John Newton penned these familiar words:
“Amazing grace how sweet the sound,
That saved a wretch like me.
I once was lost but now I’m found,
Was blind but now I see.”
These lyrics, sung in churches and stadiums, have sought to capture the saving work of Christ in the life of an individual sinner saved by grace. But, words like “saved, converted or born again” get bad press these days. Should we use them?
I won’t weigh in on this question specifically. I suppose other words could easily be used. However, one of the key tenants of evangelical Christianity is the conviction that “conversionism” is a necessity.
Conversion is a concept found throughout the New Testament. The gospel writers used the Greek words “metanoia” (to change your thinking, to repent), “epistrephein” (to turn back), the “new birth” (1 Peter 1:3) and “new creation” (2 Cor. 5:17). All these terms sought to describe people turning from their former loyalties to a new allegiance with Christ.
This “turning” looks different with different people, but an identifiable turning is clearly experienced. Augustine’s “light of confidence” over a process toward monasticism, Luther’s sudden conversion after years of inner struggle, Wesley’s heart being “strangely warmed” after years of religion, thousands responding at Billy Graham crusades and the “belonging” before “believing”, that seems to happen at Alpha and Christianity Explore local church dinner meetings. All have in common the reality of turning and changing one’s allegiance. Let’s never forget the necessity to call people to change, not just a decision.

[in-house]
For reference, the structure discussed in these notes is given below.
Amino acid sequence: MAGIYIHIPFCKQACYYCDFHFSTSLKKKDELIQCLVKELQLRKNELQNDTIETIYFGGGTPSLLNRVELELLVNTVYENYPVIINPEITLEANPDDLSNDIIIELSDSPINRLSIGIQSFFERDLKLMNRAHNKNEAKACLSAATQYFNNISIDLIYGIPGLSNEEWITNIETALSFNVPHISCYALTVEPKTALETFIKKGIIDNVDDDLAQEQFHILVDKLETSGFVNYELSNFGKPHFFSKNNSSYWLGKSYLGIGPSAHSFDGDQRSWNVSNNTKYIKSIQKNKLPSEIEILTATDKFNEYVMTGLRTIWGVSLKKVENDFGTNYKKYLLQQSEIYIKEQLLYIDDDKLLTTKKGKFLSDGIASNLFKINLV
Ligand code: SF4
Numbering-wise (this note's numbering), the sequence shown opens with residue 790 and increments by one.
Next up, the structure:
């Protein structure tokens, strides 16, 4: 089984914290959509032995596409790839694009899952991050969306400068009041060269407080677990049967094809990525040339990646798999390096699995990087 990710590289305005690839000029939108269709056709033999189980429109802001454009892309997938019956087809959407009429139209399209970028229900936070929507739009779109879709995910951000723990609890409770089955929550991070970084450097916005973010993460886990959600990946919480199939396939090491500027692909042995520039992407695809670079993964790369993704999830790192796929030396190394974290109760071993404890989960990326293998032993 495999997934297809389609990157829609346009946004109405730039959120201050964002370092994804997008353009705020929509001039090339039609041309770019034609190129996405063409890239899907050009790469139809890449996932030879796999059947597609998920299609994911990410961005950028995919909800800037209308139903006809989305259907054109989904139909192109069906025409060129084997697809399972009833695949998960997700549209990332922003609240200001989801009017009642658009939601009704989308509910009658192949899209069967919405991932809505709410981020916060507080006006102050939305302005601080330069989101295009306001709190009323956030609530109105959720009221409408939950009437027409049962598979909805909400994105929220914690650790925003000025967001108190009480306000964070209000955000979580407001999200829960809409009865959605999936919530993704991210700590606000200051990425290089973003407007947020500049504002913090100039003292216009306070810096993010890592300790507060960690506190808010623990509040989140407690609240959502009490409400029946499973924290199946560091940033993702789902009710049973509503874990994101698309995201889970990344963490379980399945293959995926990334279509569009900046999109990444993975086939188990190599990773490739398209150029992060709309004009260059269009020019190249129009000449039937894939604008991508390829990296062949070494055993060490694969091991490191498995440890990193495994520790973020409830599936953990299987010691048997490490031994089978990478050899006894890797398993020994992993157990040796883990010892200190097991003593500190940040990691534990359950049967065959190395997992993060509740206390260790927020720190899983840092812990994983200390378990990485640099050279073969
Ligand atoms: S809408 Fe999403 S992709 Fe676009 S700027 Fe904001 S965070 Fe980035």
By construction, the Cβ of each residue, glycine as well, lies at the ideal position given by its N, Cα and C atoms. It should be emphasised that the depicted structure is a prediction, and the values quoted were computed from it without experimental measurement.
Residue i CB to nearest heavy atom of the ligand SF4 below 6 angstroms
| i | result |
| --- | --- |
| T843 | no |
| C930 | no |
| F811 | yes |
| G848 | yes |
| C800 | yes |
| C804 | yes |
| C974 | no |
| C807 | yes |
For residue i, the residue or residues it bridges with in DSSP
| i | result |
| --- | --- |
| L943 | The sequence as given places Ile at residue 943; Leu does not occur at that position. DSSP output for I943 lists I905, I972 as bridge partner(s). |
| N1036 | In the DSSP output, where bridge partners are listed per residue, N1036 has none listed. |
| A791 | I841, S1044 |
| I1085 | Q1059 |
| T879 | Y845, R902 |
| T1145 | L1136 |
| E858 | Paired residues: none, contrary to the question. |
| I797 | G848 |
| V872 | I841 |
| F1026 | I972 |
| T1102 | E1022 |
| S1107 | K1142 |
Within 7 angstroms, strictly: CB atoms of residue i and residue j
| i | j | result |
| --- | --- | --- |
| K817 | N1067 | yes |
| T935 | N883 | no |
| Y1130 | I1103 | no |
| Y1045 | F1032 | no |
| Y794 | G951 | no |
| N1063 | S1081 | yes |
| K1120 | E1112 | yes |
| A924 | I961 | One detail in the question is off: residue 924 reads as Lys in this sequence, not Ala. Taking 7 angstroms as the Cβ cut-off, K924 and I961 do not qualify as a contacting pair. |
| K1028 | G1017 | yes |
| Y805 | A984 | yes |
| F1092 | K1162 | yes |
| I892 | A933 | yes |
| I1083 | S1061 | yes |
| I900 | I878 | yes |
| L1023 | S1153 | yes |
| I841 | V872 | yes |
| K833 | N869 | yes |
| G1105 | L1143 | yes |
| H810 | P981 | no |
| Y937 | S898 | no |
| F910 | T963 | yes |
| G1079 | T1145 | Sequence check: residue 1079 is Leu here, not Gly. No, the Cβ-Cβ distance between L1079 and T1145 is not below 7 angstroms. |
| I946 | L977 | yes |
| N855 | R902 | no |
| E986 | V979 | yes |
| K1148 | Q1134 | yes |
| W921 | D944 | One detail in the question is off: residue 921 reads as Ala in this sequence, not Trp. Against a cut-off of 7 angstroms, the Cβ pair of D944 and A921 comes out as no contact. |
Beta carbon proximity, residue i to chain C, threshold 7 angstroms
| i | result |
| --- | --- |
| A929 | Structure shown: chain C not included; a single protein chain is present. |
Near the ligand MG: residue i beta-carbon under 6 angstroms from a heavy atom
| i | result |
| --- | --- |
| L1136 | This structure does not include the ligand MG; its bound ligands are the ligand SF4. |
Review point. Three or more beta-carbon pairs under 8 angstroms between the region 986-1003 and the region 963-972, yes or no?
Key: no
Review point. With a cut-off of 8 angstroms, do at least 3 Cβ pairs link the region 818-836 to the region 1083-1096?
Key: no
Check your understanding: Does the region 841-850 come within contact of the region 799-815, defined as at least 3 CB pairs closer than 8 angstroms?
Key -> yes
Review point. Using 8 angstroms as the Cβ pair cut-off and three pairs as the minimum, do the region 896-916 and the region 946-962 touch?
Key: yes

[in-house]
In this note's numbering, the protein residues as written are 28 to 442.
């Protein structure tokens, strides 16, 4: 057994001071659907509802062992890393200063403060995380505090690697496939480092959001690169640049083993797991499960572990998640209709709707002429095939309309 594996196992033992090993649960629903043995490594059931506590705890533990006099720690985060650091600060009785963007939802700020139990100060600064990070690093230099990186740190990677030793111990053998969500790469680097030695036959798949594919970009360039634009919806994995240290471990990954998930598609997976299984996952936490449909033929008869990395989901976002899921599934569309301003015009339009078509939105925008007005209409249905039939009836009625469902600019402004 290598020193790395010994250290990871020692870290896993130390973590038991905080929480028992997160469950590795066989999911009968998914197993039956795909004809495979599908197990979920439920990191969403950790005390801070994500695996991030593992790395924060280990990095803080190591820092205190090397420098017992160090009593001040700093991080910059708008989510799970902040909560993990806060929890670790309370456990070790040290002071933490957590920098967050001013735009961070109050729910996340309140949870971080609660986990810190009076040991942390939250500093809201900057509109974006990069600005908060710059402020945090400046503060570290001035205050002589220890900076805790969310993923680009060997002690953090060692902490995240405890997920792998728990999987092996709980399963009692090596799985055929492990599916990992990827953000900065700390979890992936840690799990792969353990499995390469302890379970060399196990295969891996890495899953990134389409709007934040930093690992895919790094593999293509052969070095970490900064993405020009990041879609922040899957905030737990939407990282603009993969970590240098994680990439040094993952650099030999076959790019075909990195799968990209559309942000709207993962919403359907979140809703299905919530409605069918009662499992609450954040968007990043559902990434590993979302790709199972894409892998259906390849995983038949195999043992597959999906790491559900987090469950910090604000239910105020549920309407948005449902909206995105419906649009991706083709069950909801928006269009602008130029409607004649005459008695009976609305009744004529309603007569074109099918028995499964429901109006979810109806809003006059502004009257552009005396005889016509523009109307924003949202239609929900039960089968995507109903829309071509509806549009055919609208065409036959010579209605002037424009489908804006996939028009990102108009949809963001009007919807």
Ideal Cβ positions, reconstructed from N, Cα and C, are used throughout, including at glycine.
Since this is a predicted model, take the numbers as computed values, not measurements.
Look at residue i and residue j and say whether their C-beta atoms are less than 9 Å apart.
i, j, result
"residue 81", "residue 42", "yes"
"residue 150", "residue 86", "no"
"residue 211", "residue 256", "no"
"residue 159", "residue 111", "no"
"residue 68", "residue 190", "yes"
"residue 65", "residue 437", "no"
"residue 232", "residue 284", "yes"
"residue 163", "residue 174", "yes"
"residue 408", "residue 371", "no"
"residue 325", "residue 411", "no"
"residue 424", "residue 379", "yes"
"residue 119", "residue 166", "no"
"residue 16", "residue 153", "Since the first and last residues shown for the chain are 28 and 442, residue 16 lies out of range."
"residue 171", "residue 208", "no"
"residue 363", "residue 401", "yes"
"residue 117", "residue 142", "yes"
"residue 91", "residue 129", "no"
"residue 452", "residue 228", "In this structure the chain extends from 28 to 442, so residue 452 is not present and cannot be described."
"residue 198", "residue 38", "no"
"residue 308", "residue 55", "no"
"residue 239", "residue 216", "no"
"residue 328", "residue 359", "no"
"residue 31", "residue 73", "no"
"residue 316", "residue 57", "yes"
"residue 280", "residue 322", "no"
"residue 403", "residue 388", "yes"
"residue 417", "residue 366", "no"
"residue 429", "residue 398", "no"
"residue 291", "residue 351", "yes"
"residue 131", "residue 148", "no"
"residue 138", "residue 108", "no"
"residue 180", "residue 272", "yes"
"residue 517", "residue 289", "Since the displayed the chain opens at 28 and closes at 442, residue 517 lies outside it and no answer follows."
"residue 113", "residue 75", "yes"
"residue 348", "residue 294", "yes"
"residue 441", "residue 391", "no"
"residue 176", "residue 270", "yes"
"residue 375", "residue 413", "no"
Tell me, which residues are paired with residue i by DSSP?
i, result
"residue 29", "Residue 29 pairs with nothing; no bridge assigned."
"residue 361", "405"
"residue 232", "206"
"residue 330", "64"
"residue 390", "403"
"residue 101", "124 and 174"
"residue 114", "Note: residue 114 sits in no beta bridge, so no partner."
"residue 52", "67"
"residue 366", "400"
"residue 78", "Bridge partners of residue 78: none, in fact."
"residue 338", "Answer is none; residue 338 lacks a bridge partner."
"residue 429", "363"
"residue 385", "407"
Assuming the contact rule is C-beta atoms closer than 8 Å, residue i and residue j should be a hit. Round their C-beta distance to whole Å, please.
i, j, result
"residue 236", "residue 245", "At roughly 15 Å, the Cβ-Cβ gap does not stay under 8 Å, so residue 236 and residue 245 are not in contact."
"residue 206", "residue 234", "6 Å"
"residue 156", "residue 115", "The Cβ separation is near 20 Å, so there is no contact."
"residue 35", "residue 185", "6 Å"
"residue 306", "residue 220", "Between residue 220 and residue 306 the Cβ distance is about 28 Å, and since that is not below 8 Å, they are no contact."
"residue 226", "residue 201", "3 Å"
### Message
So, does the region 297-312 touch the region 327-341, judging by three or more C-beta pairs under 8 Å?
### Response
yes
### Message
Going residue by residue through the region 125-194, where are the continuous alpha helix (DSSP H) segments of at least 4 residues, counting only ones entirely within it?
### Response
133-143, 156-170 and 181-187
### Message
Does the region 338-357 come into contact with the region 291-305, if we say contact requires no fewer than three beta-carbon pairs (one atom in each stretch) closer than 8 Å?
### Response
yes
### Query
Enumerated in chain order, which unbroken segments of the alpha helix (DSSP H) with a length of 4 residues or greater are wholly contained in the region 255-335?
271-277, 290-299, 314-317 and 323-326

In recent years, Willow Creek (Chicago) and Bill Hybel’s admission that a new emphasis of “making disciples, not just decisions," was necessary (in their REVEAL book) sparked much thought, studies and books. A good emphasis on our call to “make disciples”, not converts has occurred. The Engel’s scale emphasized the process many people are in towards a decision. Missional Communities were a means to go to the people and engage them in that process. Evangelism has become or is becoming the natural outflow of your daily life in Christ. Not just a tool, even of ministry. None of these are bad, but better used in a life lived in community.
In this development and understanding of the process to conversion, and the critical nature of discipleship in the local church; is there a possibility that “conversionism” is being pushed out? Do we lose the language because we see the discipleship failures of the late 20th century? Hmm…
I still remember hearing one of my pastor friends (thanks John) say in a sermon: “If you’re not sure when you decided to become a Christian, maybe it’s because you’re not. Surely such a life-changing event would be memorable!” Good counsel.
The decision may happen over time or in an instant, but it must happen.
FNC 2018's Theme is DISCIPLESHIP
Register for our upcoming Fellowship National Conference (FNC 2018) by clicking here. This year we will be in Richmond, BC from November 12 to 14.
Our speakers, Jeff Vanderstelt (Missional Communities / SOMA) and Paul Watson (Disciple-Making Movements) will certainly challenge all of us in the work of “making disciples”. We will also be voting on two important documents at FNC 2018; our new “Marriage and Human Sexuality” policy and a new Bylaw, Article 15.1, which defines the authority of all national documents. The wording for these policies will be sent to all Fellowship churches in September.